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Summary:

News from Synaptics this morning is making all of the mouse vendors scurry away in sadness. Synaptics Gestures Suite 2009 is here and with it comes more productivity-enhancing multi-touch gestures and support for larger PC trackpads. Here’s a run-down of the gestures in the Suite: Two-Finger […]

Synaptics gestures

Synaptics gestures

News from Synaptics this morning is making all of the mouse vendors scurry away in sadness. Synaptics Gestures Suite 2009 is here and with it comes more productivity-enhancing multi-touch gestures and support for larger PC trackpads. Here’s a run-down of the gestures in the Suite:

  • Two-Finger Scrolling: It’s one of the features that I’m so used to on a Mac, that I often do it without thinking on PC, simply out of reflex.
  • Two-Finger Rotate: photos or pages in what Synaptics calls the “most common photo and document applications”. They specifically name Windows Photo Gallery and Adobe.
  • Two-Finger Pinch Zoom: You pinch, it zooms. ‘k?
  • Three-Finger Flick: Flick right for next and left for previous, which is very handy when surfing the web. Flicking up starts or plays, while down stops or ends: might be useful for media, no?

And about that support for larger touchpads: Synaptics says they have a new hardware pattern which supports an area up to 5.8-inches in diameter. Clearly we won’t be seeing them make use of that on a netbook unless we drop the keyboard altogether, but for your 13-inch and up notebooks, you might see a larger sweet spot in 2009.

Synaptics Exhibits Advanced Gestures and Mobile Computing Technology at CES

Combination of New Intuitive Synaptics Gestures and Larger-Sized TouchPads Deliver the Latest Wave of Next-Generation Human Interface Technology

LAS VEGAS, Nev. – January 7, 2009 – Synaptics Inc. (NASDAQ: SYNA), a leading developer of human interface solutions for mobile computing, communications and entertainment devices, is exhibiting new products at the 2009 Consumer Electronics Show. Designed for PC OEMs and ODMs who develop and design industry-leading notebooks ranging from netbooks to large, powerhouse mobile workstations, Synaptics’ new TouchPad™ solutions offer a more dynamic, enriching and productive user experience for consumers and business users. At its booth, Synaptics will be demonstrating a new suite of multi-finger gestures that, when combined with larger TouchPads, provides users with a powerful and intuitive way to be more productive and interactive with their notebook systems. In addition, Synaptics will be showcasing an impressive array of mobile devices from leading cell phone manufacturers featuring Synaptics’ industry-leading ClearPad™ touchscreen-based interface solutions.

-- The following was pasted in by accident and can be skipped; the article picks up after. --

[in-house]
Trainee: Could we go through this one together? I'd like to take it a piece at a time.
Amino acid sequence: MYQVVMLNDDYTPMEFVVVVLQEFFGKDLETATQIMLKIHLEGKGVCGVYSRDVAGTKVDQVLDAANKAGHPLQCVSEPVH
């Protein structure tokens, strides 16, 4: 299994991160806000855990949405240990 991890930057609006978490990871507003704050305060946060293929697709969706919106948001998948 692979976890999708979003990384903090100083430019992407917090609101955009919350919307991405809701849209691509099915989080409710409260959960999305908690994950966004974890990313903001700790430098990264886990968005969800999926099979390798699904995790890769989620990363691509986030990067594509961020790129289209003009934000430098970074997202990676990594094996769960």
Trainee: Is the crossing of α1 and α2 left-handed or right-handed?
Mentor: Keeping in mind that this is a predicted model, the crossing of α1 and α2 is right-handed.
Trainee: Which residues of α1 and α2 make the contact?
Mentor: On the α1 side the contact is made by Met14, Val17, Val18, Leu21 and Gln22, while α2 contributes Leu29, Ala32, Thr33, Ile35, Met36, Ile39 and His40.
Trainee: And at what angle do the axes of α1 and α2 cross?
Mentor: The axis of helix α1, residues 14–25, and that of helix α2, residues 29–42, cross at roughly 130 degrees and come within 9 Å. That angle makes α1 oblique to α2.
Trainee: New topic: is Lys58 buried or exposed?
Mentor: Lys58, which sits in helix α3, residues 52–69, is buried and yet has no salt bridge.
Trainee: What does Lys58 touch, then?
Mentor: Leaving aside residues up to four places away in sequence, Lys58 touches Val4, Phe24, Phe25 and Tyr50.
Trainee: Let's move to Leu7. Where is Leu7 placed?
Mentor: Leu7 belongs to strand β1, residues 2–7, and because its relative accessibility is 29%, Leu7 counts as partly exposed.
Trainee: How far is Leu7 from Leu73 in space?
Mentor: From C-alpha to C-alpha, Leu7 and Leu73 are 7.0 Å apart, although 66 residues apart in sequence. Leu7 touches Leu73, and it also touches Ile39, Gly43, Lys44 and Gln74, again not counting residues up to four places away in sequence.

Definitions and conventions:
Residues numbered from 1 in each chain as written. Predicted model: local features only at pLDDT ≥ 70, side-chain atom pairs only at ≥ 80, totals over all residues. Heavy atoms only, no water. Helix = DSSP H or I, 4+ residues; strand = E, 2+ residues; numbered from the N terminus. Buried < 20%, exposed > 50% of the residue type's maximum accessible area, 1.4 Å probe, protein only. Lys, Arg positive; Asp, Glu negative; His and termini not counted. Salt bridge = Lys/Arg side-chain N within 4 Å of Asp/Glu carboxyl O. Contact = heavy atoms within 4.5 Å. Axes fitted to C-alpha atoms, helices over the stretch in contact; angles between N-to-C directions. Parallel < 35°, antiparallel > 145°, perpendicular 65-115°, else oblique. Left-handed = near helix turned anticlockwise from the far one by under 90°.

“Since introducing its TouchPad in a notebook computer in 1995, Synaptics has continued to expand its capabilities, adding value, intuitiveness, and enhanced end user productivity to notebook designs,” said Mark Vena, vice president of Synaptics’ PC Business Unit. “We believe that the combination of larger TouchPads and our new advanced gestures offer faster, easier, and more meaningful ways for people to interact with their notebook computers.”

The Synaptics Gesture Suite™ 2009 (SGS) was developed from analyzing the most common workflows, from entertainment activities such as viewing photos and listening to music, to productivity activities such as accessing emails and presentations. The result is an intelligent usability model that makes it intuitive for consumers to easily understand and discover features, resulting in a better user experience. SGS represents a growing portfolio of gestures available on Synaptics interface solutions. These new gestures are compatible with hundreds of Microsoft Windows applications and enhance the value and productivity of notebook PCs and peripheral devices that use Synaptics TouchPads. The new gestures in SGS 2009 include: